For now, I've resigned myself to teaching Munchkin there is a time and place for her to climb or eat, but there is never ever a time to put Cheerios up her nose.
Last week a friend in my neighborhood sent a text to me and two of our friends. One lives in Oregon, one lives in New York but we all used to live within blocks of each other. Now, my friend announced, she too was moving out of town. My initial reaction was, "Nooooooooooo!" and, to be honest, three days later, I still feel the same. I'm excited for her family and happy she'll have a roomier new home, but not at the prospect of losing another good friend to the suburbs. Not only do I lose her company, her kindness and her sweet kids, but her departure means I'll have to make new mom friends and that is not an easy feat.
If, back in the day, you thought dating was difficult, finding a mom to spend time with sometimes feels impossible. Between juggling schedules, managing your kids, and surviving on little sleep, the last thing you need is a mom who judges your every parenting decision. However, the exhausting job of parenting is made less tedious by sharing a park bench (or a bar stool) with a mom who understands what it's like to call "taking a shower" an accomplishment.
As a frequent runner and obstacle course tackler, I've conveniently listed the obstacles a parent has to get over, under or through in order to find a terrific mom friend.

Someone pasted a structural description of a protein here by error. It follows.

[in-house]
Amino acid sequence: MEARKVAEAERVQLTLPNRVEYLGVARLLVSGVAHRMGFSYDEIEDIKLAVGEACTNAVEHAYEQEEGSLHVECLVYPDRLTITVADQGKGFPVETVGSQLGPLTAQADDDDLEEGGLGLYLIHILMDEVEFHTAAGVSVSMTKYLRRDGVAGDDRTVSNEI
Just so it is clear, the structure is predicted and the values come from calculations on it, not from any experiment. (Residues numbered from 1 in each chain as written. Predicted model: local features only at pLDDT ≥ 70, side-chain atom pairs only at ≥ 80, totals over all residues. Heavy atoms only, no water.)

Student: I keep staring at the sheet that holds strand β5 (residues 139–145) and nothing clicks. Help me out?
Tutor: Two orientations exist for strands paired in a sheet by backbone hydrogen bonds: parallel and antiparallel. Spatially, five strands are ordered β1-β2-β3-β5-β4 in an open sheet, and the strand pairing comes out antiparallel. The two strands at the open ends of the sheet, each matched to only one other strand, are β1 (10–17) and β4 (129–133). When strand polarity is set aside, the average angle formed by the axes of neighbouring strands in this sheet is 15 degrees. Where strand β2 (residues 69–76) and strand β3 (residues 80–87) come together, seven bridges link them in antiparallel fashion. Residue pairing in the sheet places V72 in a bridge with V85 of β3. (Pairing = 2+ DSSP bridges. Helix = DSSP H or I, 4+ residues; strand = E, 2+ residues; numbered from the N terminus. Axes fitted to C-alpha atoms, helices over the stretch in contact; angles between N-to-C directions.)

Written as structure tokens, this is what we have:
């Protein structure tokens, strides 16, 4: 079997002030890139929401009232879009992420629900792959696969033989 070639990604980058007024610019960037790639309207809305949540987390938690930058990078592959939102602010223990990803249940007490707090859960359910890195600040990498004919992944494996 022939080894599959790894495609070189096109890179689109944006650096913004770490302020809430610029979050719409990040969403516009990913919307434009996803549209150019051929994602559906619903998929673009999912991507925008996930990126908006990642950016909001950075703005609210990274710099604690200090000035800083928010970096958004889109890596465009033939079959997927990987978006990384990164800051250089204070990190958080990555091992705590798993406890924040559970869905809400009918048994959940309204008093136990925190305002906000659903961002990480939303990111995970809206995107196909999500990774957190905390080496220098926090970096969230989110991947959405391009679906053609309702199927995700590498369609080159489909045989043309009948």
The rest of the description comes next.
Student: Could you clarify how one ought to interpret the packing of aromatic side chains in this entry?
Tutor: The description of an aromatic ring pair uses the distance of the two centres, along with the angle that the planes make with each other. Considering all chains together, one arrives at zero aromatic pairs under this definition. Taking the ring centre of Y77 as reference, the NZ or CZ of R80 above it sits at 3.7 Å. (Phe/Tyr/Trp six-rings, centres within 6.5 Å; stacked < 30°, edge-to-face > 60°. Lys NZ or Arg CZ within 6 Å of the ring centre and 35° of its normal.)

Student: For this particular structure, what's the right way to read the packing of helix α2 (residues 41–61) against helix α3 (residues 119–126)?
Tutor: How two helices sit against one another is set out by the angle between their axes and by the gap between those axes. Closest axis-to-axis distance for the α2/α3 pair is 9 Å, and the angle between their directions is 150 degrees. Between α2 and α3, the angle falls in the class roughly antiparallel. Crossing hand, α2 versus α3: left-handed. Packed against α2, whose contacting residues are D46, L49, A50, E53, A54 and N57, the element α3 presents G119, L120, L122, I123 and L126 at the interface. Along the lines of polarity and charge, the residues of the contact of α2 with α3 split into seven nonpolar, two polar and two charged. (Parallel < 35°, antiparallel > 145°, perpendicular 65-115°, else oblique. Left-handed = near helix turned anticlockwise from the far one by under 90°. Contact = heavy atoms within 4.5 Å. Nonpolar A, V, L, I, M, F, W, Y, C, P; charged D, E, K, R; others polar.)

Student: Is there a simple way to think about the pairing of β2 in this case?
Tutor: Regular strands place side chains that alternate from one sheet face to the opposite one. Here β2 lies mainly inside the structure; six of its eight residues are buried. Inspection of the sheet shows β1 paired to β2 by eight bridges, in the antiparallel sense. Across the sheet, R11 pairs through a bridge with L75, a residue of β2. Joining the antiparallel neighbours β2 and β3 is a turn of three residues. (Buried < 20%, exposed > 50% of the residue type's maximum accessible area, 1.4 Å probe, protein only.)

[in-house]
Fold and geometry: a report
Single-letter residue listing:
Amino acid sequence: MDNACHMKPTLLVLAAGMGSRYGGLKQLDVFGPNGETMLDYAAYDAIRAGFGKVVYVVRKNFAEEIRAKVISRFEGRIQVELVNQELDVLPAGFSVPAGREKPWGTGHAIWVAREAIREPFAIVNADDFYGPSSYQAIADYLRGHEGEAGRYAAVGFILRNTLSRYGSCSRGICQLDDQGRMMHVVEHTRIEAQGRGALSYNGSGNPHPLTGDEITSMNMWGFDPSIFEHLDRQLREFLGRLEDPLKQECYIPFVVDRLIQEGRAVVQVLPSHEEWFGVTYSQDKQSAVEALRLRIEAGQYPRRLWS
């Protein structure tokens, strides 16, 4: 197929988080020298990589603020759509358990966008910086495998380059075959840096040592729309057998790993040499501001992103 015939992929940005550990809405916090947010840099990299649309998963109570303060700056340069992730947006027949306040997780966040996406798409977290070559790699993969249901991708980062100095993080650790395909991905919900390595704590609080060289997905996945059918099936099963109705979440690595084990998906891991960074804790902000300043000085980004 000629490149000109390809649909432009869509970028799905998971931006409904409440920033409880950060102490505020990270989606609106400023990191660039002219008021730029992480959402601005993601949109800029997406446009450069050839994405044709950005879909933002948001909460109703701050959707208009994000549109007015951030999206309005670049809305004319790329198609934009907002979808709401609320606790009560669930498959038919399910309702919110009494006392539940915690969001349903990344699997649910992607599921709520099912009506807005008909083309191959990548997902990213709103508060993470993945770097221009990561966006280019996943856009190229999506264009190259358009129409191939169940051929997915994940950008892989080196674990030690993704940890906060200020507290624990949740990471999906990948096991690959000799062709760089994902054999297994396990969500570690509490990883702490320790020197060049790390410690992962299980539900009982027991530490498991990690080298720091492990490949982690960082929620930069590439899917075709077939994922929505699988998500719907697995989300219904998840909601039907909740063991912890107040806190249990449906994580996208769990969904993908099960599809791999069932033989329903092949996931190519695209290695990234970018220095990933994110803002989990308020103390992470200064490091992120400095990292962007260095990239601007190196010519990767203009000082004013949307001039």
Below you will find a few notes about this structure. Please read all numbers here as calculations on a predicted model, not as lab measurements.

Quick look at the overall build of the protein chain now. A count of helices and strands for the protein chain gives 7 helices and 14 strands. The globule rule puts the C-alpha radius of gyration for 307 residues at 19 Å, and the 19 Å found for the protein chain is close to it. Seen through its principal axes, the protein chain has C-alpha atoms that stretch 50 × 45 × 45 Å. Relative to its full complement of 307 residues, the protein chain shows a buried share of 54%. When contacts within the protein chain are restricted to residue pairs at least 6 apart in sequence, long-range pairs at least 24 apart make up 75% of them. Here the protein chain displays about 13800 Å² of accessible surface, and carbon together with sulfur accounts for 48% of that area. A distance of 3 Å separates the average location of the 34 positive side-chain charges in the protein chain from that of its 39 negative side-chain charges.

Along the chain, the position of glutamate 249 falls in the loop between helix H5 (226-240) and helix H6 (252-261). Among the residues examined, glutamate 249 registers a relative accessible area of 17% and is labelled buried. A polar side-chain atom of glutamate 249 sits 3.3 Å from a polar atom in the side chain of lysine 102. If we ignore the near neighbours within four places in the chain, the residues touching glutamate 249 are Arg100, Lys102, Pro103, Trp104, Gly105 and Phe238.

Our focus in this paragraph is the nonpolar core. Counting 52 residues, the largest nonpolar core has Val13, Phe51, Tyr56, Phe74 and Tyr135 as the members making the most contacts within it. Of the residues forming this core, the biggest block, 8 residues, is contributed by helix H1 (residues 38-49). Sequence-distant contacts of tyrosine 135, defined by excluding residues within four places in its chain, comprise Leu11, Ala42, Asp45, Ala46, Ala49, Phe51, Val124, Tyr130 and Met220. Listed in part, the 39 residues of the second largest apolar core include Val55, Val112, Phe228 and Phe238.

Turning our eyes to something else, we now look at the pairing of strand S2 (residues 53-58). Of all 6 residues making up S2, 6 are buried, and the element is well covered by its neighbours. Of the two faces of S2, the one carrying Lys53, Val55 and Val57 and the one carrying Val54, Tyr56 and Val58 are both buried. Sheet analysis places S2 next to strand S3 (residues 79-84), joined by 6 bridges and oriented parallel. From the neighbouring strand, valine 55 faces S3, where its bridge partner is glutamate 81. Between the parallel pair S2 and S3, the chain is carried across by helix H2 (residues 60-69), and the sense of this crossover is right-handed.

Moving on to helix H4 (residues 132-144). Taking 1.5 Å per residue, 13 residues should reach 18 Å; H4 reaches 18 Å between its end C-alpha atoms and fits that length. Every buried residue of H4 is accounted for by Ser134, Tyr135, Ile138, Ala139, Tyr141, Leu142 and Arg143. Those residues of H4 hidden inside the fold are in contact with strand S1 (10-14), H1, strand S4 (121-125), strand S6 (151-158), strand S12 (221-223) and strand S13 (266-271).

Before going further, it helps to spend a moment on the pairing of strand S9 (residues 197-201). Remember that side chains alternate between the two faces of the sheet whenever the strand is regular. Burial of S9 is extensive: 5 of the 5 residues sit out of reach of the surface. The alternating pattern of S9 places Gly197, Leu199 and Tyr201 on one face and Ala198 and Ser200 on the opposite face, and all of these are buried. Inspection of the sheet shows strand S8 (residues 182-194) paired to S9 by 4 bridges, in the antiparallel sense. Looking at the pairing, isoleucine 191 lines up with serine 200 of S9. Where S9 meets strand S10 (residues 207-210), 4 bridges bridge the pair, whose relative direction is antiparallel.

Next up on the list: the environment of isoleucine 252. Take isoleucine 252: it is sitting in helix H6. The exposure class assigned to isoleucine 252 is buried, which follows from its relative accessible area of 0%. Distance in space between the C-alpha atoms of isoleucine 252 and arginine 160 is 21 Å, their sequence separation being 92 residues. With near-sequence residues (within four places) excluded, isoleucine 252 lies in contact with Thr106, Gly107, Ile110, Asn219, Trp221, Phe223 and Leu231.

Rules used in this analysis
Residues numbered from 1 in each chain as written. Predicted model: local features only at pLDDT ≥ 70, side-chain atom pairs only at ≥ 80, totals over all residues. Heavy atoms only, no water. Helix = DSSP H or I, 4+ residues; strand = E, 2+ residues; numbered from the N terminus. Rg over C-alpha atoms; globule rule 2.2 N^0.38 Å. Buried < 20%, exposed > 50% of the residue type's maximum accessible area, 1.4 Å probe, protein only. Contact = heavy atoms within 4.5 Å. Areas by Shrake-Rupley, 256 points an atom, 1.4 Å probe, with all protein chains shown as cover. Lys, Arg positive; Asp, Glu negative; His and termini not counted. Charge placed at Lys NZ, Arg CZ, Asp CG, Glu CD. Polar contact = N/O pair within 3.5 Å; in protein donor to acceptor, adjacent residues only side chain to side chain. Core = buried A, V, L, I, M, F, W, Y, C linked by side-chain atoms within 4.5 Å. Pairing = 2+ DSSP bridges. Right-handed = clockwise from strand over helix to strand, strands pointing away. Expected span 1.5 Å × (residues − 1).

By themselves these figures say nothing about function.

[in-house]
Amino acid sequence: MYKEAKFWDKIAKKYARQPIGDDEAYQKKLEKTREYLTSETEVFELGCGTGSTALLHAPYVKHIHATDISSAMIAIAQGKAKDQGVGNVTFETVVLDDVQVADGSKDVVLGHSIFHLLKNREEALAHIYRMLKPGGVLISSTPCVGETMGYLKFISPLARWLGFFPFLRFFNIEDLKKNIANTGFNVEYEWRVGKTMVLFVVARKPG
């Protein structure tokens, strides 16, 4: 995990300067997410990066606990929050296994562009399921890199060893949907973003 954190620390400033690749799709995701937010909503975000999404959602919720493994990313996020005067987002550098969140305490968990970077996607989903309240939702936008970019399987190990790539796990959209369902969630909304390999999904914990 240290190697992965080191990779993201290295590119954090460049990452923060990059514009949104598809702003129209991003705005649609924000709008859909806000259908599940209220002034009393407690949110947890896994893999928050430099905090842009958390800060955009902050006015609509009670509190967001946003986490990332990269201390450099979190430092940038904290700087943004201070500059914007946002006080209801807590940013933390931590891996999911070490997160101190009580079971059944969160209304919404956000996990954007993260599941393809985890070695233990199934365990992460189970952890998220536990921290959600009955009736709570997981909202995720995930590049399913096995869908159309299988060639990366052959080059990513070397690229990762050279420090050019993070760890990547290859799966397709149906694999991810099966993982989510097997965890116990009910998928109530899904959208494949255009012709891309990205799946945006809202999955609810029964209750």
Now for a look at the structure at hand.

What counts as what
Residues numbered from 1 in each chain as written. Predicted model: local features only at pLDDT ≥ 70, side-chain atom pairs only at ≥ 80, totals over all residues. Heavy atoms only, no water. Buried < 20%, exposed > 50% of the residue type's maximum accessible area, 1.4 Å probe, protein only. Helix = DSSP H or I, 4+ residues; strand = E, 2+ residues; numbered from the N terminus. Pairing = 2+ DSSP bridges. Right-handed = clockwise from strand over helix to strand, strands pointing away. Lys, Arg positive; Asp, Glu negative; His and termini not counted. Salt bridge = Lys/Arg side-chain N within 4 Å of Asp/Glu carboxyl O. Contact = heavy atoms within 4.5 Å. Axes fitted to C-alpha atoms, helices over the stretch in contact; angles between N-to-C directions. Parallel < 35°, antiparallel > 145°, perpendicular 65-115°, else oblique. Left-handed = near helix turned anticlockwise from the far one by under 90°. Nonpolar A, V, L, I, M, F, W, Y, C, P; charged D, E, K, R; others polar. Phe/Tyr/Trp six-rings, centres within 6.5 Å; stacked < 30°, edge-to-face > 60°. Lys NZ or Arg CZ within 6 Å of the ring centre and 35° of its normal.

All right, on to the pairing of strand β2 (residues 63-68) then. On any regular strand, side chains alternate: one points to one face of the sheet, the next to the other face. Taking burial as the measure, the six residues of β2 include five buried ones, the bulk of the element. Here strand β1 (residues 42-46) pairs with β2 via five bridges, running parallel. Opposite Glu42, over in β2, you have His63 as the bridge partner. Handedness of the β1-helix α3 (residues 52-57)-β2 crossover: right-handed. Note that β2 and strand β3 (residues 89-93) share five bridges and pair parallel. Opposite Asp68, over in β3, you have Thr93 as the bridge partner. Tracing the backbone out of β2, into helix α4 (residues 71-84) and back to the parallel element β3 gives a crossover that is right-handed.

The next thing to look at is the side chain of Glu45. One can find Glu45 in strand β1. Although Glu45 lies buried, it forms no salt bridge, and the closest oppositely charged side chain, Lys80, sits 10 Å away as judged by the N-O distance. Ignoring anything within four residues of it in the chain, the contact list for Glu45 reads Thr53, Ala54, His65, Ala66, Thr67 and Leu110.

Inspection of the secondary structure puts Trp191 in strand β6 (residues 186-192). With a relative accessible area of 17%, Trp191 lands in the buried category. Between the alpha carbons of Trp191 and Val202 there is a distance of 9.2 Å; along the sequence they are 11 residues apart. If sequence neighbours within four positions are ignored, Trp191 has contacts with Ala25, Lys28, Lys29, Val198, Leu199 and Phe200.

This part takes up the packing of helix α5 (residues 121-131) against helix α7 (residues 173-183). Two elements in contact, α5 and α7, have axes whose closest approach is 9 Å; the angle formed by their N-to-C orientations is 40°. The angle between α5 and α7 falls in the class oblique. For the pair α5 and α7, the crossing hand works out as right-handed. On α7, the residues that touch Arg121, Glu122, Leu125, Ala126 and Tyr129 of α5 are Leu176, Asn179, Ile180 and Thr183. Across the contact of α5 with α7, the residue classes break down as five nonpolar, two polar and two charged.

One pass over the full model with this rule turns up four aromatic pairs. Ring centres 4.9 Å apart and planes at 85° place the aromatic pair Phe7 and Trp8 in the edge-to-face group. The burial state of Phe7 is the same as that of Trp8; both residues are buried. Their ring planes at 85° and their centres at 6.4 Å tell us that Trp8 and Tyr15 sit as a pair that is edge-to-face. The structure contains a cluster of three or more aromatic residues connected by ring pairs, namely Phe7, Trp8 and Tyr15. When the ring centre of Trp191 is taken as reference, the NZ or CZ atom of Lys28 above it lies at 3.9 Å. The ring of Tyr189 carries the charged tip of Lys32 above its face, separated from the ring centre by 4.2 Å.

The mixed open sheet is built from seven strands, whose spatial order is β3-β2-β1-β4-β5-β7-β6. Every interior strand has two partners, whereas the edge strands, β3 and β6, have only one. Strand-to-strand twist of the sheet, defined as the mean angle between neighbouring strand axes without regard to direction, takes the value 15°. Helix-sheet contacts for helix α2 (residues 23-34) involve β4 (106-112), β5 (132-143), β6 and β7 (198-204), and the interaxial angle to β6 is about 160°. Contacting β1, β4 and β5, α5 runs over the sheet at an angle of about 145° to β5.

The Parenting Style Hurdles: While dating only involves finding one person, when it comes to finding a mom buddy, their personality as well as their parenting style has to be either very in sync or very tolerant of yours. If you're into free range parenting and they're hovering like helicopters, a friendship is unlikely to bloom. If a potential buddy prefers attachment parenting but understands why you're, say, less attached, then there is hope.
The "Their Kids" Dash: One you've figured out you have similar parenting styles, you have to watch their kids in action. Are they too whiny? Too boring? Too bossy? Too physical? If, after accommodating for teething, a cold or just a bad day, your pals' kids are more annoying than the average snot-nosed-two-year-old, then you probably won't want to spend time with them and that mom won't survive the 50-yard dash.
The "Your Kids" Gladiator Battle: Though unimportant the first year, eventually the kids have to get along. If the kids don't enjoy playing soccer together outdoors, can't seem to co-exist peacefully or even just chase each other gleefully around the room, you'll have to bonk the kids on the head, gladiator style, and send them on their way.
The Discipline Hoops: Discipline, which is different from the aforementioned parenting style, is very important. All kids have days (or years) of not listening, hitting or claiming every single toy to emphatically be, "Mine!" What matters is how the parent reacts. Do they brush off the behavior? Do they acknowledge that your kid was hurt or saddened by their child? Even if the kid won't apologize for bad behavior, knowing that your child is always fairly treated leaves room for a slam-dunk friendship.
Geography & Schedules Dodgeball: Herein lies the final obstacle to finding a parenting buddy. I know a number of terrific moms who live too far from me to hang out with regularly. How far away? About two miles. Yet, with Munchkin's nap falling in the middle of the day and Monkey's school drop-offs & pick-ups, it's hard to find time for playdates without finding myself dodging puddles, strollers and red lights in a dash to pick up Monkey on time. Finding moms that frequent your favorite haunts makes finding a buddy much easier.